1842 – Alfred Packer – also known as the “Colorado Cannibal”, was one of three children born to James Packer and his wife, Esther Griner. By the early 1850s, Packer’s father had moved his family to LaGrange County, Indiana, where he worked as a cabinetmaker. Packer served in the Union Army during the American Civil War. He enlisted on April 22, 1862, in Winona, Minnesota, and was assigned to Company F of the 16th Infantry Regiment. Eight months later he was honorably discharged due to epilepsy, which had triggered seizures. On June 25, 1863, Packer enlisted in the 8th Iowa Cavalry Regiment at Ottumwa, Iowa, only for his epilepsy to result in a second discharge on April 22, 1864. Packer then traveled west and worked at numerous jobs over the next nine years. These professions included being a hunter, wagon teamster, ranch hand, and field worker, but his seizures and overall attitude ensured that he never kept a job for long. Packer also worked for a couple of months as a guide, but those who knew him at this time later stated that he was ill-suited to the role and was prone to lose his way. Packer became infamous for confessing to cannibalism during the winter of 1874. After emerging as the sole survivor of a six-man party who had attempted to travel through the San Juan Mountains of the Colorado Territory, he eventually confessed to having lived off the flesh of his companions, giving more than one version of his account as to the circumstances. After his story was called into question, Packer escaped jail and hid from justice for nine years. He was eventually tried, convicted of premeditated murder, and sentenced to death. Packer won a retrial and was eventually sentenced to 40 years in prison on five counts of voluntary manslaughter. He died on April 23, 1907, in Jefferson County, Colorado.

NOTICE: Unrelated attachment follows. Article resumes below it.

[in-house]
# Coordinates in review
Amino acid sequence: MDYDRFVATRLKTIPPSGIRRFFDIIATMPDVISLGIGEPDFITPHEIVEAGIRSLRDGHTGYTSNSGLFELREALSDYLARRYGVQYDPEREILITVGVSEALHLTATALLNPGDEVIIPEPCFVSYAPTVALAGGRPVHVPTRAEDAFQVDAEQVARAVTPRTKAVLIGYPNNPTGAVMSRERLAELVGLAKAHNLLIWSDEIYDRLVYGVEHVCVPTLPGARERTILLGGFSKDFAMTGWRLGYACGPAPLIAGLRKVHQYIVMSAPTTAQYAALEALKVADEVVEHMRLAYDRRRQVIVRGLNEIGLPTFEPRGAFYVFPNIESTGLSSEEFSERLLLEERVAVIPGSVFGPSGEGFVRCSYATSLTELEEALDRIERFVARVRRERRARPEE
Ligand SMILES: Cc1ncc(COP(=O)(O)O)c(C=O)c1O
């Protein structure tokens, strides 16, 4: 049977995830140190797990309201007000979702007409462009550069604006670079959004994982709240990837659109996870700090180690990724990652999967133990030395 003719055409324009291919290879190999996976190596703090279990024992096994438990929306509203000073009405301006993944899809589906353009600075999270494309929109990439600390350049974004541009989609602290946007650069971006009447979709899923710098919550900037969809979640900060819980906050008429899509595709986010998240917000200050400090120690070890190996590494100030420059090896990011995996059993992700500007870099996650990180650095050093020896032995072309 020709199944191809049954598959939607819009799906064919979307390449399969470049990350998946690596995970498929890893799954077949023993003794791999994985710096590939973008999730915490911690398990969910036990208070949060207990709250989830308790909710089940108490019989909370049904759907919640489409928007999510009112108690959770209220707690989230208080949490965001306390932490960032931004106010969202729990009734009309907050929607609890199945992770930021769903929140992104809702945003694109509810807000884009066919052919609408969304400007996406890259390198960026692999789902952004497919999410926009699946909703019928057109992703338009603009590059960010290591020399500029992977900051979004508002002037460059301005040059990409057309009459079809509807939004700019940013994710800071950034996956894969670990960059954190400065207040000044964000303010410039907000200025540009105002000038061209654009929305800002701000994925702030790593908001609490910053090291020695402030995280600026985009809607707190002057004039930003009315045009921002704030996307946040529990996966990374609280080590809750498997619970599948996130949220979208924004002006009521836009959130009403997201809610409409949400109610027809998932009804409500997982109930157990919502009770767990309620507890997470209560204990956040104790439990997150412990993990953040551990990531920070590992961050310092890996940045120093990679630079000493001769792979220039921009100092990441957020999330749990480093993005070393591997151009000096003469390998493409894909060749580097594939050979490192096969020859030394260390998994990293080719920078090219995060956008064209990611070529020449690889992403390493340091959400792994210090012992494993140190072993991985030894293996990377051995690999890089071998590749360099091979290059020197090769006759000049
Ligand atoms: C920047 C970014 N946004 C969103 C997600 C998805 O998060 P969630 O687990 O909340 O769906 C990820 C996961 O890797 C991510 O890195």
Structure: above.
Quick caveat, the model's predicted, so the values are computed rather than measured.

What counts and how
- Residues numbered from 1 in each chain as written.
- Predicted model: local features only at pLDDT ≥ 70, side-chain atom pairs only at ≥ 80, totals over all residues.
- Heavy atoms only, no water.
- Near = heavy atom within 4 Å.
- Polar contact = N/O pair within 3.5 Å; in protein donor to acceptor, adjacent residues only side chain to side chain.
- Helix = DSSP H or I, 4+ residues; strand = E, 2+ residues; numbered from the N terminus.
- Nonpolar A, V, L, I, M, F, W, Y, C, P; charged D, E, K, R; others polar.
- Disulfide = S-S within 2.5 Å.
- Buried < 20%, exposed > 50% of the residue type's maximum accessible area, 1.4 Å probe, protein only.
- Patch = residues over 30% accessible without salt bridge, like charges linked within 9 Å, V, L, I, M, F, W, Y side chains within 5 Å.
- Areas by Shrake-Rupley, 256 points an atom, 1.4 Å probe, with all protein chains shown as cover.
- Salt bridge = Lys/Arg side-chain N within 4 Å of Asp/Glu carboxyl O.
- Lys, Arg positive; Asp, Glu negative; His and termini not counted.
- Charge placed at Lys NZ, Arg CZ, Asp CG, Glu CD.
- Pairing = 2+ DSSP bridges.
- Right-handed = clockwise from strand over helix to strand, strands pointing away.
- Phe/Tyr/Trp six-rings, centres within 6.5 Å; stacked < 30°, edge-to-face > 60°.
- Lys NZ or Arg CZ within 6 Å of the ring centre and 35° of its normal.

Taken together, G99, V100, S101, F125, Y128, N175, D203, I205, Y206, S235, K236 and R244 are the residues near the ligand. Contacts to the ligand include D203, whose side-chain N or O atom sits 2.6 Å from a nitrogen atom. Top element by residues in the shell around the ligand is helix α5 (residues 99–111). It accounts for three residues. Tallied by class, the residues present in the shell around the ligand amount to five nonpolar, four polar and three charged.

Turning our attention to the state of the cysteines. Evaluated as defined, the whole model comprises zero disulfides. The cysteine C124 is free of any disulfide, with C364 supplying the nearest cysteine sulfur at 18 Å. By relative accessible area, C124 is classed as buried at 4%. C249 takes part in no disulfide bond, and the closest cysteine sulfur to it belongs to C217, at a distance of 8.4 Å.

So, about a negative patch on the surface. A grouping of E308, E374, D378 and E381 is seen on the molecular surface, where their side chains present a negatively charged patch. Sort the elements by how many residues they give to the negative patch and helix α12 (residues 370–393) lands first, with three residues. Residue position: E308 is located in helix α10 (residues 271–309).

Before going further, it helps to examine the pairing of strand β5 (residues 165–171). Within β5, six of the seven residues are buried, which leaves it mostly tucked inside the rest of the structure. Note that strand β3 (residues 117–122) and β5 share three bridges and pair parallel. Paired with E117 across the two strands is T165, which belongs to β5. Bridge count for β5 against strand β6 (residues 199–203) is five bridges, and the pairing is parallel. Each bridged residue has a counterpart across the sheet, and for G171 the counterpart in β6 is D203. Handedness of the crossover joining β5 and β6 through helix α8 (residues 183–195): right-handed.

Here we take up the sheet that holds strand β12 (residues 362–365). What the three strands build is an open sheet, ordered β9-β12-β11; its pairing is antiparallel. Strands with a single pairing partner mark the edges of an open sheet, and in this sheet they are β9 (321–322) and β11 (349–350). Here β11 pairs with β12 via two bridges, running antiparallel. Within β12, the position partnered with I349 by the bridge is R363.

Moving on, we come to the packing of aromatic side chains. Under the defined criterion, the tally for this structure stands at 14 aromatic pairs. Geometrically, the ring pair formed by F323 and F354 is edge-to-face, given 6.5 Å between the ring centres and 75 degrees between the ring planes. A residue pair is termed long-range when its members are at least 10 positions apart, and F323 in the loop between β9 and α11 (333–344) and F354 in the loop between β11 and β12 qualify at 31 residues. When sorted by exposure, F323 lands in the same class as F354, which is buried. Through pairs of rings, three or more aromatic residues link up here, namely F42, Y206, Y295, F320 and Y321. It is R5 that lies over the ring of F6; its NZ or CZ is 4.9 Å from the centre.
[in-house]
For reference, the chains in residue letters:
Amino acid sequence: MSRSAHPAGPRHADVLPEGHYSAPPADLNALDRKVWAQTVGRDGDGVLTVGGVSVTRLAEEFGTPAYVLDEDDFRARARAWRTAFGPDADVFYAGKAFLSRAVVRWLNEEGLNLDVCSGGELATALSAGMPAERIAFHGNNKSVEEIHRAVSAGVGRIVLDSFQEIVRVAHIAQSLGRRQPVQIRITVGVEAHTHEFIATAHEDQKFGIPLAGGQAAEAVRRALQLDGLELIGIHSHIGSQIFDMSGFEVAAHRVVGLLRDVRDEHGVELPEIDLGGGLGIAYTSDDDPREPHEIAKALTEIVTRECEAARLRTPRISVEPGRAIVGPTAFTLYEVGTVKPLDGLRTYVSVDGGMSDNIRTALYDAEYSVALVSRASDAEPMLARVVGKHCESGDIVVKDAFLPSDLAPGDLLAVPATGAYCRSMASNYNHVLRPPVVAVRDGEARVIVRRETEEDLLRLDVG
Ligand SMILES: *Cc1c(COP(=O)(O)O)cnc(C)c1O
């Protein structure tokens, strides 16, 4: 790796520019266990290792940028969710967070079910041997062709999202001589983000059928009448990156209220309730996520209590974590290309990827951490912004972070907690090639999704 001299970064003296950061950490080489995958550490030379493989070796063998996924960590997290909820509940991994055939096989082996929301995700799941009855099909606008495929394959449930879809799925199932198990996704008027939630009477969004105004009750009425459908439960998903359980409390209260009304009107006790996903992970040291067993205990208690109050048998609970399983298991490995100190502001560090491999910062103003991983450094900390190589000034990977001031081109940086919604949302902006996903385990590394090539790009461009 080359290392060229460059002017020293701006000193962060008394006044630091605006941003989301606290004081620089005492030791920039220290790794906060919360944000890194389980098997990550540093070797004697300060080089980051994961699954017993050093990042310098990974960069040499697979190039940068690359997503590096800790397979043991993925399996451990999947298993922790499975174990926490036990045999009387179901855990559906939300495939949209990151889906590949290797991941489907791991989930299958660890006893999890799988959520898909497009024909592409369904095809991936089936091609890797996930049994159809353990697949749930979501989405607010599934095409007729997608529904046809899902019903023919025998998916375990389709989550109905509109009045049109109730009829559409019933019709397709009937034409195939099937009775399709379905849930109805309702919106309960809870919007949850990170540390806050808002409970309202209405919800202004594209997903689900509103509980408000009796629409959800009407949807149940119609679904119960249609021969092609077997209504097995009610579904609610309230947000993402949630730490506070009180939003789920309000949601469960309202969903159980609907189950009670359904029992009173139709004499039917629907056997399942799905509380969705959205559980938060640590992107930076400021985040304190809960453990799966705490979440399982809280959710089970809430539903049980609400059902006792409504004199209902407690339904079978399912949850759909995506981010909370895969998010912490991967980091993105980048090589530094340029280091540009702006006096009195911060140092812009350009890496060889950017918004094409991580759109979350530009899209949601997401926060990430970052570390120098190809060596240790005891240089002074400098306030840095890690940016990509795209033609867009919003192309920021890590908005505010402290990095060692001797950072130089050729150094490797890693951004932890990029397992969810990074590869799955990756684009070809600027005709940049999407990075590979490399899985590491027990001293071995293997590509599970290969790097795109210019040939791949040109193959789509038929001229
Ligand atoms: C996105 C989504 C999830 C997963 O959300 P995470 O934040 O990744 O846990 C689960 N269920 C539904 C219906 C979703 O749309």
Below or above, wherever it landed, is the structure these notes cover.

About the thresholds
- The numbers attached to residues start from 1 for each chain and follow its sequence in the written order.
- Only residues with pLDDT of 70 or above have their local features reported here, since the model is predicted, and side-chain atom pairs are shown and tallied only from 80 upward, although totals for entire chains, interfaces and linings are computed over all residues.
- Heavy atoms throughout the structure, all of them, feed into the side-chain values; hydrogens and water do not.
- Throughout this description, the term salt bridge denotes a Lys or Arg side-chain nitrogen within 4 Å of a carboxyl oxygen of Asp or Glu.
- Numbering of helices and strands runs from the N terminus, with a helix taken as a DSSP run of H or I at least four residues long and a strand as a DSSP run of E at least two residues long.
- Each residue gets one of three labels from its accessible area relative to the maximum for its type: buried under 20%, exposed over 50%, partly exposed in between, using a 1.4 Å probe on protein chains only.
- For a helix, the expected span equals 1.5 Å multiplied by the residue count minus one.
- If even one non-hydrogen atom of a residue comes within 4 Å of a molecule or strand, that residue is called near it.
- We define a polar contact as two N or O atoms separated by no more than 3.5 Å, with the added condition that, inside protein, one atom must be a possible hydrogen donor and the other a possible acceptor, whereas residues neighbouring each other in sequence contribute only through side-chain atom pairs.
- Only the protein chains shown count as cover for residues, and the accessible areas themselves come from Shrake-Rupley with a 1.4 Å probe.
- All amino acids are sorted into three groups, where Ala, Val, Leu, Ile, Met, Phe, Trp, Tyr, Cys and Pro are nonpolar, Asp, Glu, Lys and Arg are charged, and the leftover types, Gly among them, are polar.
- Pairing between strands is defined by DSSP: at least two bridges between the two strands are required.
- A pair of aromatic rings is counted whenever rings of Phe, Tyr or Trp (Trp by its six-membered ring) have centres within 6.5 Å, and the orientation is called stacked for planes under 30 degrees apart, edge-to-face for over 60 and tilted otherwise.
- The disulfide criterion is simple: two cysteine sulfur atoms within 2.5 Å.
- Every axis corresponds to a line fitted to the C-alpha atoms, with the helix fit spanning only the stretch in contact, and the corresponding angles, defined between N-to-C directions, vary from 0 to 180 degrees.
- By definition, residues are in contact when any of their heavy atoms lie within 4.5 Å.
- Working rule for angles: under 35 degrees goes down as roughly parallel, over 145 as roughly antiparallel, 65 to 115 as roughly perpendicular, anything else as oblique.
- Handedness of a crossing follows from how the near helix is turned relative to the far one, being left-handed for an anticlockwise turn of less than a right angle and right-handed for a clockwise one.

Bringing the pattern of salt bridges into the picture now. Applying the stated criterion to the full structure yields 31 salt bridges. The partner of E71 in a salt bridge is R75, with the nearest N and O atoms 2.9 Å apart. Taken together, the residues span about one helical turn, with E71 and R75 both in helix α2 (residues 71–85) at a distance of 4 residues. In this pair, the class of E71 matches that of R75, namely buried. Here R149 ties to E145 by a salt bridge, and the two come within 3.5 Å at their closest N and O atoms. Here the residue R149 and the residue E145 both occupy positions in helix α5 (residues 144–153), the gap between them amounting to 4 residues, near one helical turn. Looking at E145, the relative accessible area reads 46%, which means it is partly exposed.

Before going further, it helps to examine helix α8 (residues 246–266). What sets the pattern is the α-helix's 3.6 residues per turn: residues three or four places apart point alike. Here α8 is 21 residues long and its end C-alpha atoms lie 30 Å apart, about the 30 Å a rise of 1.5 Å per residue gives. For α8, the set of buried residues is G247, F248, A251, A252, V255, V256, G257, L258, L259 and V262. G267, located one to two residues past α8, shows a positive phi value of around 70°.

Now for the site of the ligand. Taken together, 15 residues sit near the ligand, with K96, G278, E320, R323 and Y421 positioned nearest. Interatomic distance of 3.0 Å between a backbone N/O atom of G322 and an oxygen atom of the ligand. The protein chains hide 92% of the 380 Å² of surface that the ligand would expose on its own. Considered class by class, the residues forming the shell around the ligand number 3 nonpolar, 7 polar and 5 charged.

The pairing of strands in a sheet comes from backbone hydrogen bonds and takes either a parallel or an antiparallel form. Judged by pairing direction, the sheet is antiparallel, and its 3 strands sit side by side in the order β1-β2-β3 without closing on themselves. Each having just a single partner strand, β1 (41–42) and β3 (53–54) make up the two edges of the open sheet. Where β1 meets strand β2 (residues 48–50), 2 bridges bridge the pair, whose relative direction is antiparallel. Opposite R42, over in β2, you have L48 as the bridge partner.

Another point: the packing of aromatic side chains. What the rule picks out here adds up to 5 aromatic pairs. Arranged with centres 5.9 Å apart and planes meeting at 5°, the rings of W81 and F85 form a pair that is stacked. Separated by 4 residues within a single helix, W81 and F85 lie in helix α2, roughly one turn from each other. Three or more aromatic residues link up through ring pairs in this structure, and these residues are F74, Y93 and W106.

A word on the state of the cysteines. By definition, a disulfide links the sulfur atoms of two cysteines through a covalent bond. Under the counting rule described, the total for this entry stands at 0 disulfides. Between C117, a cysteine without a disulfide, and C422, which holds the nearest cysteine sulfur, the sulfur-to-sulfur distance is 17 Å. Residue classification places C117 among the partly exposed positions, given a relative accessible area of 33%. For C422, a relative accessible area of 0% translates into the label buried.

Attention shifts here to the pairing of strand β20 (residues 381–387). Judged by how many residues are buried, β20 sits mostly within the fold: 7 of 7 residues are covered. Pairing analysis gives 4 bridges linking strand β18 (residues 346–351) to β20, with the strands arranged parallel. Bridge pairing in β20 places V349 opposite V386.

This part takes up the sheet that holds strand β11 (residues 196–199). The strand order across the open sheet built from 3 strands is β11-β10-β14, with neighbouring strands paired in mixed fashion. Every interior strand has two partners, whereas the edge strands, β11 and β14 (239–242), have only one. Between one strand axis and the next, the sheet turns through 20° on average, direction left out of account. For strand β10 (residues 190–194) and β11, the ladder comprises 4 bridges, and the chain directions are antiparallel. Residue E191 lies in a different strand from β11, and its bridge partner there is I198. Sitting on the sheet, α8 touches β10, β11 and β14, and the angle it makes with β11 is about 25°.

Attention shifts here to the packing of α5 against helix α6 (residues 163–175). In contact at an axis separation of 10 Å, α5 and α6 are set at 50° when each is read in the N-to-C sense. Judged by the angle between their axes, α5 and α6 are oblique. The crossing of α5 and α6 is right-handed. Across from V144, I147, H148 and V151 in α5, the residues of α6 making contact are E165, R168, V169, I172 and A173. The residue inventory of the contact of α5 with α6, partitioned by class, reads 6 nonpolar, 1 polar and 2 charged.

1899 – Dr. John Bodkin Adams – was a British general practitioner. His father, Samuel Adams, was a watchmaker and a preacher. After graduating, Adams worked as an assistant houseman at the Bristol Royal Infirmary for a year. Adams became infamous when, between 1946 and 1956, 163 of his patients died while in comas, which was deemed to be worthy of investigation. In addition, 132 out of 310 patients had left Adams money or items in their wills. Adams was tried and acquitted for the murder of one patient in 1957, while another count of murder was withdrawn by the prosecution in what was later described as “an abuse of process” by the presiding judge Patrick Devlin, Baron Devlin, causing questions to be asked in Parliament about the prosecution’s handling of events. Adams was found guilty in a subsequent trial of thirteen offenses of prescription fraud, lying on forms, obstruction of justice during a police search, and failing to keep a dangerous drug register. He was struck off by the General Medical Council in 1957 and reinstated in 1961 after two failed applications. Adams’ first trial was described as “one of the greatest murder trials of all time” and dubbed the “murder trial of the century.” Adams died on July 4, 1983.